As the 2018 midterm elections approach, with their potential to drastically change the power dynamic in Washington by changing the balance of power in Congress from Republicans to Democrats, it’s easy to forget about many of the political events of the last two years and lose track of some of the longer narratives of Donald Trump’s presidency. So Frontline is airing Trump’s Showdown, an in-depth examination of how we got to a moment where the Justice Department and the White House have become embroiled in a conflict over special counsel Robert Mueller’s investigation into Russian interference in the 2016 election and whether the Trump campaign colluded with Russia or if Trump has obstructed justice.
“It’s the idea that let’s step back and see structurally: what about Donald Trump’s method when he came to Washington got him into this situation, what about Washington’s response to his victory, by the intelligence community and the Justice Department, led us to where we are,” explains Michael Kirk, the producer of Trump’s Showdown. “Understanding all that in one two-hour gulp, so that the next time you walk into the voting booth you have a little bit better information than hundreds of tweets from the President and the partisans on both sides. As [Trump’s attorney] Rudy Giuliani says, the American people are the jury here.”
Trump obviously looms large over the midterms, and the elections could have a dramatic effect on his presidency. “It’s a sort of mother’s milk of politics nowadays,” Kirk says. “If you’re a Republican you want to run with Trump, if you’re a Democrat you want to run against him. Trump can control Republicans’ ability to be re-elected, and they’ll do what they have to do to win his favor and therefore the favor of his base.” (For more on how Trump has transformed the Republican Party and won their loyalty, read an interview with Kirk about Frontline: Trump’s Takeover, which is available to stream.)
For some, that means adopting the aggressive and brash approach that Trump learned in part from his mentor Roy Cohn, as was evident in the Senate Judiciary Committee hearing last week concerning sexual assault allegations against the Supreme Court nominee Brett Kavanaugh, when both Kavanaugh and Senator Lindsey Graham gave impassioned and accusatory speeches. “Many of the people were following the adage of speaking to an audience of one, which is the president, who has internalized and actualized the Roy Cohn aggressiveness and likes to see it in other people,” Kirk says of the hearing. “Kavanaugh’s testimony certainly appealed to the President, as he took the approach that Trump believes in his soul is the way to win a political fight.”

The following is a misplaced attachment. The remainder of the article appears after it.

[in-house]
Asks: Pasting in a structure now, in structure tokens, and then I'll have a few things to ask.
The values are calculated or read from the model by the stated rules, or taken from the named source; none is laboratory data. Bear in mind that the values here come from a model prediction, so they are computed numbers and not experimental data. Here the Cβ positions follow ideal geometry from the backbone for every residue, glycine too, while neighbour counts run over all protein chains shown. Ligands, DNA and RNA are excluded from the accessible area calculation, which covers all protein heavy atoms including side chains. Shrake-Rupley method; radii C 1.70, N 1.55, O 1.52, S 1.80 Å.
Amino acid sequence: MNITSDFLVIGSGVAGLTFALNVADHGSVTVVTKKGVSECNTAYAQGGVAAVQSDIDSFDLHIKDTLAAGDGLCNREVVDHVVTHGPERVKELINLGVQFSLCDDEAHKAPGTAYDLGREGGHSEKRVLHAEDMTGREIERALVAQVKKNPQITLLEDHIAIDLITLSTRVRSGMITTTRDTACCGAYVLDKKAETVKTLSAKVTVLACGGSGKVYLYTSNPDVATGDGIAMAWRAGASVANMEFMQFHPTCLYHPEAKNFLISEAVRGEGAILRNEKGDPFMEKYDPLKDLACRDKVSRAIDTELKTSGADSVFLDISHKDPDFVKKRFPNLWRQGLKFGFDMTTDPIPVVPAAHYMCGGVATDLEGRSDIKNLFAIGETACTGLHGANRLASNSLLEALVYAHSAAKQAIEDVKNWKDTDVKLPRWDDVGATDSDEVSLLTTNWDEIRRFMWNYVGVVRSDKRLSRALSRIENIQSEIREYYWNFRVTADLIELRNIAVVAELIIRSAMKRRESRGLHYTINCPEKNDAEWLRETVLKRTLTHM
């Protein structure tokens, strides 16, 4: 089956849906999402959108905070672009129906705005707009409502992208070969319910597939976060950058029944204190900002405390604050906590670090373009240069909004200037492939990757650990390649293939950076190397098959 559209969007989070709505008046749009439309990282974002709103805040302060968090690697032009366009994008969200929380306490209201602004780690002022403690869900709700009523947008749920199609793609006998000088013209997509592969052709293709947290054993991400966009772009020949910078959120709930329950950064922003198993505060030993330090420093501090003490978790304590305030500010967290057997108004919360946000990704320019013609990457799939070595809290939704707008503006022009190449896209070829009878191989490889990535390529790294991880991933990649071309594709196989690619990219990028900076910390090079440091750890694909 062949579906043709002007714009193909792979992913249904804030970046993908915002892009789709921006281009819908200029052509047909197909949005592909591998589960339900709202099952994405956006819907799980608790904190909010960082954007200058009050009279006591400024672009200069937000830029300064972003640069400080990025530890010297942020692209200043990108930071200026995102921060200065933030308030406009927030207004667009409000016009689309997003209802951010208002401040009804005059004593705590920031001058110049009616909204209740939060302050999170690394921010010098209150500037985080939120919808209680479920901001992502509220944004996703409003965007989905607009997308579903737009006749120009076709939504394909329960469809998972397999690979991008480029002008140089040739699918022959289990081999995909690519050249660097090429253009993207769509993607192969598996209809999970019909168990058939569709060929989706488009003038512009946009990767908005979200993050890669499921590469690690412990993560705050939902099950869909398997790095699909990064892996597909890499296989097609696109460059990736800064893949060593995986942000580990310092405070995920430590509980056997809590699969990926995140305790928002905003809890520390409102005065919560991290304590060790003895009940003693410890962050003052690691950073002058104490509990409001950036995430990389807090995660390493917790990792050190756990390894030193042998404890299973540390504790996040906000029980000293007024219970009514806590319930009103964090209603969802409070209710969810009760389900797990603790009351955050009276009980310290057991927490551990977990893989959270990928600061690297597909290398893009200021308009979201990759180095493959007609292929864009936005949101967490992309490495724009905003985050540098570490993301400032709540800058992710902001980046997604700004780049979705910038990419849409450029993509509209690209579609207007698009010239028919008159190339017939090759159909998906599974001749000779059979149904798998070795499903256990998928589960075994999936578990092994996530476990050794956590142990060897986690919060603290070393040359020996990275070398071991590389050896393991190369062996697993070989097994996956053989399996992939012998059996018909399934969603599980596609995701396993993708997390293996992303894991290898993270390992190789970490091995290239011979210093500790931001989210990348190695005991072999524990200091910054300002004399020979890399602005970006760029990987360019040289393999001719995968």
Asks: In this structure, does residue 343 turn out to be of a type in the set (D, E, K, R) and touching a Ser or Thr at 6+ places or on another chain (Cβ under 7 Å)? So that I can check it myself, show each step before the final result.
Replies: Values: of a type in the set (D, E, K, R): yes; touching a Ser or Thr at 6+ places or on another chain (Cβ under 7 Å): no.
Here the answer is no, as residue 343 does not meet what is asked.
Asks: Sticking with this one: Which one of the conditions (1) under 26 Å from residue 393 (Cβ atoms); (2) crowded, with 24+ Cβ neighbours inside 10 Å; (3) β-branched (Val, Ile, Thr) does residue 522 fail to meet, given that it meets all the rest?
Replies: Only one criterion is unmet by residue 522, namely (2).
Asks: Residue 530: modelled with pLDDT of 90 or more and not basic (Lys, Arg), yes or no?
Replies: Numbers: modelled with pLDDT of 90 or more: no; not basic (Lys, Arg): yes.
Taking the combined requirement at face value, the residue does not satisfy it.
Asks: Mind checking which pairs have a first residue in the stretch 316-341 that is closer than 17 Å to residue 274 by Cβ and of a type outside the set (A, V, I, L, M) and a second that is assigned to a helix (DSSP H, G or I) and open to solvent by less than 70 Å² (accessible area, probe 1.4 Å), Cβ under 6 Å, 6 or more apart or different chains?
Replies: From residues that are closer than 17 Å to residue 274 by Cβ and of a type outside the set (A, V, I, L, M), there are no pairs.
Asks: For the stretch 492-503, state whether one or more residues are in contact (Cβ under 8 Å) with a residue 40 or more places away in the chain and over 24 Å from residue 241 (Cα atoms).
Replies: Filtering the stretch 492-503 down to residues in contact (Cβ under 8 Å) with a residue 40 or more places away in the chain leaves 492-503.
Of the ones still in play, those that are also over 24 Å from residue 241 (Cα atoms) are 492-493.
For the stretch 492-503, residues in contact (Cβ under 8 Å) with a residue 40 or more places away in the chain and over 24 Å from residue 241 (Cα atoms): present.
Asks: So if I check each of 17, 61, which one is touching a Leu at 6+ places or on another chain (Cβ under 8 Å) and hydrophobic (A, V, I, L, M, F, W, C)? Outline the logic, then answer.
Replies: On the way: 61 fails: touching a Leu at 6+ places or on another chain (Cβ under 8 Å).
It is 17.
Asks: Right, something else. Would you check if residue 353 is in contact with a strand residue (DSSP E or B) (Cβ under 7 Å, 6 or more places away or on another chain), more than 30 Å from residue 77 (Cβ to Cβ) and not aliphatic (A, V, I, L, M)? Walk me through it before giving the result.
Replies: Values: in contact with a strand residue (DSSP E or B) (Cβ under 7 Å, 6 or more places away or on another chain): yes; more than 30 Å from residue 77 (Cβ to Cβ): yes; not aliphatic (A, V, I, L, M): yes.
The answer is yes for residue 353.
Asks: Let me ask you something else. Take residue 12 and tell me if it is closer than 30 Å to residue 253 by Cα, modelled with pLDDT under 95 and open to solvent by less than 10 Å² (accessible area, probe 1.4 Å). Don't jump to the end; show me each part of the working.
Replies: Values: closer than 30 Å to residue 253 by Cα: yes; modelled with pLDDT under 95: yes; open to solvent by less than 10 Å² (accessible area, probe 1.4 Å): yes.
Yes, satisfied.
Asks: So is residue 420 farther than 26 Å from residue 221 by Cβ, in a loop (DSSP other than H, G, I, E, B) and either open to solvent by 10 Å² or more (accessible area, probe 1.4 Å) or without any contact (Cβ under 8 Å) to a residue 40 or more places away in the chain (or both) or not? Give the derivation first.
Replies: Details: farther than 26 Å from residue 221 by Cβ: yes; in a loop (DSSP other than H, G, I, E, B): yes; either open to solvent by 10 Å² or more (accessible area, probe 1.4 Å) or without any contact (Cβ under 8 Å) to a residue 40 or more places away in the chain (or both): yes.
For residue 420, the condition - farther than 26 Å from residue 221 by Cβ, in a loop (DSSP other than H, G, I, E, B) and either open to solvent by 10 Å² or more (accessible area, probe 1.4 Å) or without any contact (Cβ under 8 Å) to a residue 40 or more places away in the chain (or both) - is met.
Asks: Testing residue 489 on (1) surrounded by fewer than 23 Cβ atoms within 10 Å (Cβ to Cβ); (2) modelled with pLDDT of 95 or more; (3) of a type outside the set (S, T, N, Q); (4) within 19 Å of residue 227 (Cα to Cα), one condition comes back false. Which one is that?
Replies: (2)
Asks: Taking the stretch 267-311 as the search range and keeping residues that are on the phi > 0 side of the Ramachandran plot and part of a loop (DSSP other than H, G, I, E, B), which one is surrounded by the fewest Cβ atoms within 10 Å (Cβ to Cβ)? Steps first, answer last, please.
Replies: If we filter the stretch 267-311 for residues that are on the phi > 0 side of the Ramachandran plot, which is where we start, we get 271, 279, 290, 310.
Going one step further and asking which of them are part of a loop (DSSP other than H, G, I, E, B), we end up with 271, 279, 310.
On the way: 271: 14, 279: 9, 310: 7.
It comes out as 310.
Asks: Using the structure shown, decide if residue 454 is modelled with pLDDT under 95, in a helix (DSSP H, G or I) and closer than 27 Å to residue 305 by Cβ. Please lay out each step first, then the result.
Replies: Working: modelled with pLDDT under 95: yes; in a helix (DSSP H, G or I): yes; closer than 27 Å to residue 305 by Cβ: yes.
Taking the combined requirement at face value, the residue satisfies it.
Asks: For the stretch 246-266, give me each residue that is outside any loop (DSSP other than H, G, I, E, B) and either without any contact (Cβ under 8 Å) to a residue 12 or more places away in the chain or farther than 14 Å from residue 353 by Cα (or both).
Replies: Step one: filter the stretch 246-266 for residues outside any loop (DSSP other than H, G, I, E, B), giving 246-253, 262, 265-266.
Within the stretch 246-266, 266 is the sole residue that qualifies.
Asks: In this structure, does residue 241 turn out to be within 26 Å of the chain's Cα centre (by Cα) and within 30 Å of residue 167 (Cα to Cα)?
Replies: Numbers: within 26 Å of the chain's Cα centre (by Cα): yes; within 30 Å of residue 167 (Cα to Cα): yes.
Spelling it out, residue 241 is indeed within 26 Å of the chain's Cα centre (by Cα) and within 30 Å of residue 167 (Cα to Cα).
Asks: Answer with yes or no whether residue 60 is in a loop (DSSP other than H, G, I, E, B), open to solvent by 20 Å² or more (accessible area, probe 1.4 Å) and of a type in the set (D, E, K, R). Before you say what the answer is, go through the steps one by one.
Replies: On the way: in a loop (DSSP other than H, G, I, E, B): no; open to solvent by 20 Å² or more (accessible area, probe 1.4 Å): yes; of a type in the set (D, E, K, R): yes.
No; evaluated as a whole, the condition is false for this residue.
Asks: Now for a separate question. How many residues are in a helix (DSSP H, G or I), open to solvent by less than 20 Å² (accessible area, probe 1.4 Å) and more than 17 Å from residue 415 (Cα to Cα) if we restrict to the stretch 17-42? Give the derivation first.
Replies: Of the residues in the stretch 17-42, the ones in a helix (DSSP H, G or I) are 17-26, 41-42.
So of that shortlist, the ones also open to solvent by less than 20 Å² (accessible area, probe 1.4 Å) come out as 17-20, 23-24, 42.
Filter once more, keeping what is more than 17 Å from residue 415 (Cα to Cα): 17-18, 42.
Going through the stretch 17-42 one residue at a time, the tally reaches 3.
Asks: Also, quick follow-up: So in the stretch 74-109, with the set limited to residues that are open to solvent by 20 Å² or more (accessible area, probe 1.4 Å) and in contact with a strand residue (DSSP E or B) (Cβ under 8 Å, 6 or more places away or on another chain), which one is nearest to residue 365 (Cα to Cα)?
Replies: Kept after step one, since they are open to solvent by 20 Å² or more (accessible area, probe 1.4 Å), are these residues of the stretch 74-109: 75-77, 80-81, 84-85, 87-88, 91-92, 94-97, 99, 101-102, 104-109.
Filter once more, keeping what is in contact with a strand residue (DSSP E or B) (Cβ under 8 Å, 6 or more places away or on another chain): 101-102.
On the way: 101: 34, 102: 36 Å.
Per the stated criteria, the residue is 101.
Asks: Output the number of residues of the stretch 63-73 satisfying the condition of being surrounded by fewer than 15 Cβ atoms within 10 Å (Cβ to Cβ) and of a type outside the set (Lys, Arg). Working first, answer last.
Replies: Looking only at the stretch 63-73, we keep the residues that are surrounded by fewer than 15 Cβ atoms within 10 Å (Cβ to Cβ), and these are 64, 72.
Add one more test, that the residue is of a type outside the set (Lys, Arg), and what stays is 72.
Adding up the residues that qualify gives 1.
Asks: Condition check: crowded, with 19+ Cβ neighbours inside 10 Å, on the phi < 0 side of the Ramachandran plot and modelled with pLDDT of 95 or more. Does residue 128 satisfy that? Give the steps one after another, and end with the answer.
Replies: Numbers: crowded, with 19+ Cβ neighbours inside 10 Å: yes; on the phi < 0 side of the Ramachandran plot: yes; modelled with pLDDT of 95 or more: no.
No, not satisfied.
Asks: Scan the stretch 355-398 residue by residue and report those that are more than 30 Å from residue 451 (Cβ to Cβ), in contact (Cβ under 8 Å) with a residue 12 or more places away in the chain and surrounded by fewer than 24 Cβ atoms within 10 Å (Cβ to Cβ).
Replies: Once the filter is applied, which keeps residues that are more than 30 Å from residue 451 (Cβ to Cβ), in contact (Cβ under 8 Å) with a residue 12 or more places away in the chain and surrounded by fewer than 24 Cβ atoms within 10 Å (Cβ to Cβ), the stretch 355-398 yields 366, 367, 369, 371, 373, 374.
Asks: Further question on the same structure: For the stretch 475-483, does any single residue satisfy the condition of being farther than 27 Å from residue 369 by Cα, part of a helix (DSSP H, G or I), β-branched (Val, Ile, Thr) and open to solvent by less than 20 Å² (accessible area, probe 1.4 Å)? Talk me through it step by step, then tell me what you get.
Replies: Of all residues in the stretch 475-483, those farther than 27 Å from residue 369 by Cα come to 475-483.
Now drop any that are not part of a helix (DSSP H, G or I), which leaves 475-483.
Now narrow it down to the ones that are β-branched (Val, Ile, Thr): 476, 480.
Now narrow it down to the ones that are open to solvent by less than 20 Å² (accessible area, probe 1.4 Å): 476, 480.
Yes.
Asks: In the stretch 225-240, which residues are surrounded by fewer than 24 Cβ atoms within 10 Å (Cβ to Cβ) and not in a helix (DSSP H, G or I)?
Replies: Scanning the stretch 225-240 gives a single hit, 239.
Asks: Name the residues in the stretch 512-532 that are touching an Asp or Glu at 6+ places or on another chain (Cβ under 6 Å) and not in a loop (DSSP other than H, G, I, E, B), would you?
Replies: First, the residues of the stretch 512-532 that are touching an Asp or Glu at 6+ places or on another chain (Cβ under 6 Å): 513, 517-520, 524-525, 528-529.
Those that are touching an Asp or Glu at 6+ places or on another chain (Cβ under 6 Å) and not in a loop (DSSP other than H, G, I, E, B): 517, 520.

While that aggressive strategy may have proven successful, it has also affected American institutions like the Justice Department and the intelligence community, especially in the battle over the Mueller investigation. “In the analysis of Jack Goldsmith, the head of the Office of Legal Counsel in the George W. Bush administration and a conservative Republican and law professor [who appears in Trump’s Showdown], Trump doesn’t really care about collateral damage in his politics,” relates Kirk. “He’s not at all concerned about the individuals whom he attacks personally, which is a standard thing for him to do: aim it at Mueller himself, aim it at [former director of the FBI] James Comey himself, rather than the institution, and nevertheless take down the institution as well.
“The collateral damage of taking down individuals is one thing – I guess that’s fair game in politics – but taking down and undermining as a political strategy, a self-preservation strategy, is something fairly new, or if not new, then rare. It’s aggressive, fight, fight, fight, never give up, never say you’ve lost. That is so woven into Trump from his life and New York and now his life in Washington against what he calls the witch hunt. It’s his winning strategy.”The midterms will show how the American people have taken that strategy.